December 5, 2022

The city council has joined the National Commission on Indigenous Peoples- Cordillera in calling out what they consider inappropriate use of the G-string or bahag in the show staged by the Metropolitan Theater.
The show, “Alay nina Alice at Agnes”, was part of the 50th anniversary celebration of “The Order of National Artists.” It featured dance performances of national artists Alice Reyes and Agnes Locsin.
The first part of the show entitled, “Igorot” showed female performers wearing bahag instead of tapis, to the outrage of indigenous peoples in the Cordillera.
Bahag is a loincloth used by men while tapis is a fabric wrapped around the lower half of a woman’s body.
“Igorot” was choreographed by Locsin and performed by the Bayanihan Dance Co.
According to the resolution authored by Councilor Fred Bagbagen and approved by the city council, the “provocative” performance has not only failed to truly express its correct theme and promote appreciation and information on unique culture of its subject but has also ridiculed and made fun of the traditional attire and culture of the Cordillera IPs.
“The discriminatory profiling of the traditional attire and highland culture of the indigenous peoples of the Cordillera has become repetitious by imprudent and inconsiderate people who never bother to conduct a thorough research on the history of the bahag and do not consult indigenous communities on how the traditional attire is fittingly used,” Bagbagen stated in his resolution.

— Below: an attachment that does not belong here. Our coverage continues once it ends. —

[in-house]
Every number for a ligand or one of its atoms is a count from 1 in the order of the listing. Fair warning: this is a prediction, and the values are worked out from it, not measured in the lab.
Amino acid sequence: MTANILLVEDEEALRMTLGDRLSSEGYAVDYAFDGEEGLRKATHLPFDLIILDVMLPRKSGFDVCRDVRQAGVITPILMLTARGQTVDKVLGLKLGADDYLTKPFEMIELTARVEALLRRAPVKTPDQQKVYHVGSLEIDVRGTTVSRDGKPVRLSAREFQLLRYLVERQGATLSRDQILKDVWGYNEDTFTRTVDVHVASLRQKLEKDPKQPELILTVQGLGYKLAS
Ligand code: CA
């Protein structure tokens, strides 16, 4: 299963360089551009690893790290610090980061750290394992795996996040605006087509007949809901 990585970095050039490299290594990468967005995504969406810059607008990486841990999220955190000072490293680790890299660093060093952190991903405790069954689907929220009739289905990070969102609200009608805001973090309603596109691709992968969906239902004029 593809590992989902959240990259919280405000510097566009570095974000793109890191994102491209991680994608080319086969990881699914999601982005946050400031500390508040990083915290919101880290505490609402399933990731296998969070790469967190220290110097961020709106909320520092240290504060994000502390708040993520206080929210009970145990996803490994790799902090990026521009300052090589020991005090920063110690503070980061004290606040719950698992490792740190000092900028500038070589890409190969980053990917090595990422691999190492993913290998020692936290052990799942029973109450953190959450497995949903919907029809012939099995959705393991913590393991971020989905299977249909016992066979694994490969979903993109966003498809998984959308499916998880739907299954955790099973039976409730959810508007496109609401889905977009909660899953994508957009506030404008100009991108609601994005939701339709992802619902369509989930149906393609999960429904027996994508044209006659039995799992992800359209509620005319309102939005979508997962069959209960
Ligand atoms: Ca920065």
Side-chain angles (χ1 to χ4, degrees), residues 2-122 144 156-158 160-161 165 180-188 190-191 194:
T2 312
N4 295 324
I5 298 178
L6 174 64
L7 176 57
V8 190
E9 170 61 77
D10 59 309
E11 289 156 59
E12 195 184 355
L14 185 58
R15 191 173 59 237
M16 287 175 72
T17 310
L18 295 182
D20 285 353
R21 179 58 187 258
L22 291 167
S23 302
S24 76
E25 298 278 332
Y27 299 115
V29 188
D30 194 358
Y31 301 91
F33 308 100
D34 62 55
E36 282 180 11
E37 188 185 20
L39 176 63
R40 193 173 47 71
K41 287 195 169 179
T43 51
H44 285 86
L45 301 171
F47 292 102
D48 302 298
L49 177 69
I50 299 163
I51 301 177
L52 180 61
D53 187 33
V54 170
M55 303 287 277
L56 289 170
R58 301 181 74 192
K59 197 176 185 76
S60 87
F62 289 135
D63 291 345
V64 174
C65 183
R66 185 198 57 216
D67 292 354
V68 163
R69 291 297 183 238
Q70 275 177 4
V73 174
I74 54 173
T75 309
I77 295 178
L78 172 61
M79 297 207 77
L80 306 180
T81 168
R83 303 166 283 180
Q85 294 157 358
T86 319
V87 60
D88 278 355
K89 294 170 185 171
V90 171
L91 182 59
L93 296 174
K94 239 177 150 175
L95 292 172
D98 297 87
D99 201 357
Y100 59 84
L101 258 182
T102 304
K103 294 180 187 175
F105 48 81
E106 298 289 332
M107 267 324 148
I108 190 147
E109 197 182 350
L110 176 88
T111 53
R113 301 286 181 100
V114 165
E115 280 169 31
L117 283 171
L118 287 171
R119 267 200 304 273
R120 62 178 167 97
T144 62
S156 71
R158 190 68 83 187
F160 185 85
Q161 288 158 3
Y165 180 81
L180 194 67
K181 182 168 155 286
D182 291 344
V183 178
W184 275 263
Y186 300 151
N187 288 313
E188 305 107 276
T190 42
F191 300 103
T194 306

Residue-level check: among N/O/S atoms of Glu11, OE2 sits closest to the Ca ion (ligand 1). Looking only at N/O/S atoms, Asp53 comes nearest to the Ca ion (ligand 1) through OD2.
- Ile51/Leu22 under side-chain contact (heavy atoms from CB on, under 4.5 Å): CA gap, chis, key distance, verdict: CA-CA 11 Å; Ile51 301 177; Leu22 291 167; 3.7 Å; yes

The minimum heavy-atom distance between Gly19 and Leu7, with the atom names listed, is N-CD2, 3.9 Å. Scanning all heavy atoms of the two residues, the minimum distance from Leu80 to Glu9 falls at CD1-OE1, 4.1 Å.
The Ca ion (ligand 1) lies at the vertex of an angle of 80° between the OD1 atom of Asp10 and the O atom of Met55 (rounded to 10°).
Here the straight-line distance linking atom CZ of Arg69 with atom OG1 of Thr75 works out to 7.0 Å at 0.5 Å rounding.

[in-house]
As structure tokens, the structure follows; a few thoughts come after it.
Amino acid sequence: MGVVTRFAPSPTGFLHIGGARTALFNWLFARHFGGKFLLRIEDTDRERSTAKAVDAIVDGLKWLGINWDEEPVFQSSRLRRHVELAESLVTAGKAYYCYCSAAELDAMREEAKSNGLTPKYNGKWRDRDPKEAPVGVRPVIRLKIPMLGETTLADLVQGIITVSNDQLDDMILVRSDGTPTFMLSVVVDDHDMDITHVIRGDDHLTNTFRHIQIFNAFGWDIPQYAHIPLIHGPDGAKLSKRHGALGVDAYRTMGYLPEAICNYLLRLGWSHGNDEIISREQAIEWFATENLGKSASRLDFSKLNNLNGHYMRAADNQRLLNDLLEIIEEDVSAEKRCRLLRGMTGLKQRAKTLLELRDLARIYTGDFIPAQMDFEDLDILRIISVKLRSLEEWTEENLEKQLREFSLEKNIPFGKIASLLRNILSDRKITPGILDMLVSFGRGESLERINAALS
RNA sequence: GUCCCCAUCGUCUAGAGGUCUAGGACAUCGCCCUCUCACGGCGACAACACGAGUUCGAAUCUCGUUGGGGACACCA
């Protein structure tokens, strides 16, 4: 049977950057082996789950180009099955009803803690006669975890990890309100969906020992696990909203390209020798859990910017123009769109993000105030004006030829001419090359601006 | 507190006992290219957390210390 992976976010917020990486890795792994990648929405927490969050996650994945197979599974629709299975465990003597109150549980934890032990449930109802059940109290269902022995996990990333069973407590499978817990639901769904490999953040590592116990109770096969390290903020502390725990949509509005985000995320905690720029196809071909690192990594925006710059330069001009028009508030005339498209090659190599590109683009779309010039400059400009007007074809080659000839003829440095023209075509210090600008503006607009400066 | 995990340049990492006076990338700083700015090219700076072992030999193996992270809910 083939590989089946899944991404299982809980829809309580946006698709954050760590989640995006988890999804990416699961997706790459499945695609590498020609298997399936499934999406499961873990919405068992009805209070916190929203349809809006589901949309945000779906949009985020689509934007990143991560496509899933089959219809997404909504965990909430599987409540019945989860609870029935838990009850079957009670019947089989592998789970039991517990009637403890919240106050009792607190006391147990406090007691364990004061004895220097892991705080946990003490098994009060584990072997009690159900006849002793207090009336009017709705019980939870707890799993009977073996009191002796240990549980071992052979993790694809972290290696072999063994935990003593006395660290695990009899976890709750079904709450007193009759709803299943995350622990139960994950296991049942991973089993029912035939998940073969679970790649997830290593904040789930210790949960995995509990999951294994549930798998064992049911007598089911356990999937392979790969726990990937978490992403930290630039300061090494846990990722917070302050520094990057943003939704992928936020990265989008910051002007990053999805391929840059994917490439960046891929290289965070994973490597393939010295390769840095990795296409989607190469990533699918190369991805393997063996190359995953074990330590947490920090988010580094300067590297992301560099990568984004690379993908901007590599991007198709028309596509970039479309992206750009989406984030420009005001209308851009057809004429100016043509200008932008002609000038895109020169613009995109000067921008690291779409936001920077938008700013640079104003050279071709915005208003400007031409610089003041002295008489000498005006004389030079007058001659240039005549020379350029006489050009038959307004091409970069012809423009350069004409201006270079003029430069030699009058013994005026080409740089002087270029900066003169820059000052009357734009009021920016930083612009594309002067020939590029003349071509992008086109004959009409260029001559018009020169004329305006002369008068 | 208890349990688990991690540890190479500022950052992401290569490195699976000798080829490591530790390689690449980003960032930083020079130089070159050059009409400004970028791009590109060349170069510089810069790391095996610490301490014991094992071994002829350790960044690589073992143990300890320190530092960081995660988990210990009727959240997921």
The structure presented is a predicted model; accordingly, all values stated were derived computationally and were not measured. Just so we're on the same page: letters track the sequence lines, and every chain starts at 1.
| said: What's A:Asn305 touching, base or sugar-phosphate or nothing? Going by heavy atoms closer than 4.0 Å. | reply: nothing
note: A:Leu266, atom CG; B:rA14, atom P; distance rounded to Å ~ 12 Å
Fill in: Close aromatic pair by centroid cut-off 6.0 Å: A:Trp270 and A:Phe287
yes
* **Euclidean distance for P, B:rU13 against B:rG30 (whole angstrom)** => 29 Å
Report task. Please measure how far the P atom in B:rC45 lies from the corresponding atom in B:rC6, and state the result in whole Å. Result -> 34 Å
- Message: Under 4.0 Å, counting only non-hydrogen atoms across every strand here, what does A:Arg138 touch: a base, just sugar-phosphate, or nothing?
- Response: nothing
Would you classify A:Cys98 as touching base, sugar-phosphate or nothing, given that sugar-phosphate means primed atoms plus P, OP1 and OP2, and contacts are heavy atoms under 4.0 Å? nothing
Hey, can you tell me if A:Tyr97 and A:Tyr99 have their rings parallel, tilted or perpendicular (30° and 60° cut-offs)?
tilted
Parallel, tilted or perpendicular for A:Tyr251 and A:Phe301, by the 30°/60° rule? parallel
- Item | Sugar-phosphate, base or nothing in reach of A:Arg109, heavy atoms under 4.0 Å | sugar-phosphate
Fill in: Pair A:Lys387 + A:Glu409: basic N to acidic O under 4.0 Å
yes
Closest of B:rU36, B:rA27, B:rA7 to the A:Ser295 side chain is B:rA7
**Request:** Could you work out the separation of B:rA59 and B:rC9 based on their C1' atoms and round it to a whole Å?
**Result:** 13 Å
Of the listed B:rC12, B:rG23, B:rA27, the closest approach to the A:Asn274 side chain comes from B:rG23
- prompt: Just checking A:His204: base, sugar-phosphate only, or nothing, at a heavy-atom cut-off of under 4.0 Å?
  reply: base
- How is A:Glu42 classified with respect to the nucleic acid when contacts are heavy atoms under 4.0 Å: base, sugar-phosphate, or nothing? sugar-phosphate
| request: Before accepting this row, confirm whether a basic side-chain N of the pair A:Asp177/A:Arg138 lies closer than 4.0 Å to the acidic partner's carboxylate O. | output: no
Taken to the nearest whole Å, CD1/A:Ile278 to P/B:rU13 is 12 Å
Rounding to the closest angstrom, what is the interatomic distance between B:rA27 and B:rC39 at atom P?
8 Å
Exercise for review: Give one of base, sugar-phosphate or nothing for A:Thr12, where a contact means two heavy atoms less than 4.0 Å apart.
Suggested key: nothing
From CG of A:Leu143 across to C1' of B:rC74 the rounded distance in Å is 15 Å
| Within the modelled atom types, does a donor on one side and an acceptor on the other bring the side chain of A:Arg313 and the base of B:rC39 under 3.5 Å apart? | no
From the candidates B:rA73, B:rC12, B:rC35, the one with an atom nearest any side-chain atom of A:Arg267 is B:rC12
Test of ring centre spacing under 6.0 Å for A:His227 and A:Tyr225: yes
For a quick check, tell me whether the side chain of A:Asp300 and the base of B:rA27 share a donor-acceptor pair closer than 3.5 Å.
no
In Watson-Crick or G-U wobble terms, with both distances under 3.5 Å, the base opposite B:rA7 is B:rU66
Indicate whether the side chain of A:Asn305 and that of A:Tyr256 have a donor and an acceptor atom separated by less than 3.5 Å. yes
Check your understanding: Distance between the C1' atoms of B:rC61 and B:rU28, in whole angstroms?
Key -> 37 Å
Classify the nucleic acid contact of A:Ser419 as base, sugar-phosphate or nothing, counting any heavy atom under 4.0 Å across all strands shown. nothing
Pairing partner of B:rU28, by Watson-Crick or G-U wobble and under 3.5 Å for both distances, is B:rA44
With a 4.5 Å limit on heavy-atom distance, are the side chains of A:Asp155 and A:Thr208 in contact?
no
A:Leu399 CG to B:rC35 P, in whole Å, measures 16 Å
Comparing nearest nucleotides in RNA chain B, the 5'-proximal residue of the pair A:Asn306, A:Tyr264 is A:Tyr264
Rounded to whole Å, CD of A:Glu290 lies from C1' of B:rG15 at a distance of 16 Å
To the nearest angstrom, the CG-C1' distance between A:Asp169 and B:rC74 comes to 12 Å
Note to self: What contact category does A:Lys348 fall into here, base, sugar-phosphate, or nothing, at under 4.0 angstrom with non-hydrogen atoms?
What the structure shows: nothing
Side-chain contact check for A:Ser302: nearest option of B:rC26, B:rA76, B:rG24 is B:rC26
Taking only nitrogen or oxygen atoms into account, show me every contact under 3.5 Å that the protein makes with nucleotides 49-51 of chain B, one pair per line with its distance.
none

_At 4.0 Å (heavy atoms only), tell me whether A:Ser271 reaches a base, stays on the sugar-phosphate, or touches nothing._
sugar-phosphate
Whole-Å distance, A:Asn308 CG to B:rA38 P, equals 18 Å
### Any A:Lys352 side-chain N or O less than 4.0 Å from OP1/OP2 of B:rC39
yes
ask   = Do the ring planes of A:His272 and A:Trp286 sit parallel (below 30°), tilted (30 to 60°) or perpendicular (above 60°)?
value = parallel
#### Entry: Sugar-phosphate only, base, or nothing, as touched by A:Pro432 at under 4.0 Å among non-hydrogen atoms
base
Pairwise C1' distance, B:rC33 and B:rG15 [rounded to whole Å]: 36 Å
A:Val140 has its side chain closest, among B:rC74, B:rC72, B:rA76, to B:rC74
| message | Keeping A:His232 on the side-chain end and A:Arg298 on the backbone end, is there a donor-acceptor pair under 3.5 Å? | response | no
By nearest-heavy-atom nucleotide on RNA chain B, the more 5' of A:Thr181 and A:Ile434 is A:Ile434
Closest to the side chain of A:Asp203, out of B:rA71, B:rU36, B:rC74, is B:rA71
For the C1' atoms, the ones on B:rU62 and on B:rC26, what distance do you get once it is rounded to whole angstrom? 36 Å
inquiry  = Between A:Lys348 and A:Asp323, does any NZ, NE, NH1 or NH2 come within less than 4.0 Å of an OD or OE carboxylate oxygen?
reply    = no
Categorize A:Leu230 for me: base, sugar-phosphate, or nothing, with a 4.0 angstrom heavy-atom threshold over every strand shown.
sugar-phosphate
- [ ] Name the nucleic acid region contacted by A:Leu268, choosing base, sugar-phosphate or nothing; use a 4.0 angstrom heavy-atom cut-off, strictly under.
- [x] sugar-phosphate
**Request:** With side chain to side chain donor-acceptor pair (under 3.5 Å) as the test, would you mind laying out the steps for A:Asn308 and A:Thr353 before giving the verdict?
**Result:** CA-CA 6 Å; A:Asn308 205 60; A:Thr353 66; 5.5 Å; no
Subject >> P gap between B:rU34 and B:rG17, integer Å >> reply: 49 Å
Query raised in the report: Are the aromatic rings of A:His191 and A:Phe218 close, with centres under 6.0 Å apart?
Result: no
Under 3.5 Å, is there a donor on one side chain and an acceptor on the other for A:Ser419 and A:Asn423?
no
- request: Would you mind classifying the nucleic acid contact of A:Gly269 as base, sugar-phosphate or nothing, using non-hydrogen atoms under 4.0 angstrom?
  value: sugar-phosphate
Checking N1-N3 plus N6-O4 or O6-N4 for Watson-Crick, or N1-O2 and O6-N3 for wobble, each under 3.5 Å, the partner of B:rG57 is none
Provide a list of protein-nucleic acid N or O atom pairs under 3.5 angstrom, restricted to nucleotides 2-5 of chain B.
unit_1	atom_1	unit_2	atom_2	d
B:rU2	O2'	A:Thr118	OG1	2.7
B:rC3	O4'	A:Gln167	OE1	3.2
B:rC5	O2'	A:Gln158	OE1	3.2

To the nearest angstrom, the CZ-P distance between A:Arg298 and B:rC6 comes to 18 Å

In his Oct. 17 interview with the Mountain Province Broadcasting Corporation, NCIP-Cordillera Director Atanacio Addog emphasized the bahag should not be worn by women.
He said a more “drastic” action is necessary to address the “recurrent” misrepresentation of the Cordilleran people and their culture.
He said the IP communities in Ifugao had already been informed about the improper use of their traditional garment and the NCIP-Cordillera would consider punitive actions they would suggest against such an act. 
Addog bemoaned the constant misrepresentation of the Cordillerans and their culture by organizers and producers.
Earlier, organizers of an international male pageant drew flak for the alleged misuse of the bahag after contestants from 40 countries wore the indigenous garment in the swimsuit competition of the contest.
In his statement regarding the issue, Addog stressed the G-string “should be accorded the highest respect by wearing them properly and for the purpose they were made” like any other traditional garment.
He added it is the indigenous community that would decide whether an artifact, dance, or craft like weaving and indigenous garments may be altered or modified to suit modern lifestyles. – Jordan G. Habbiling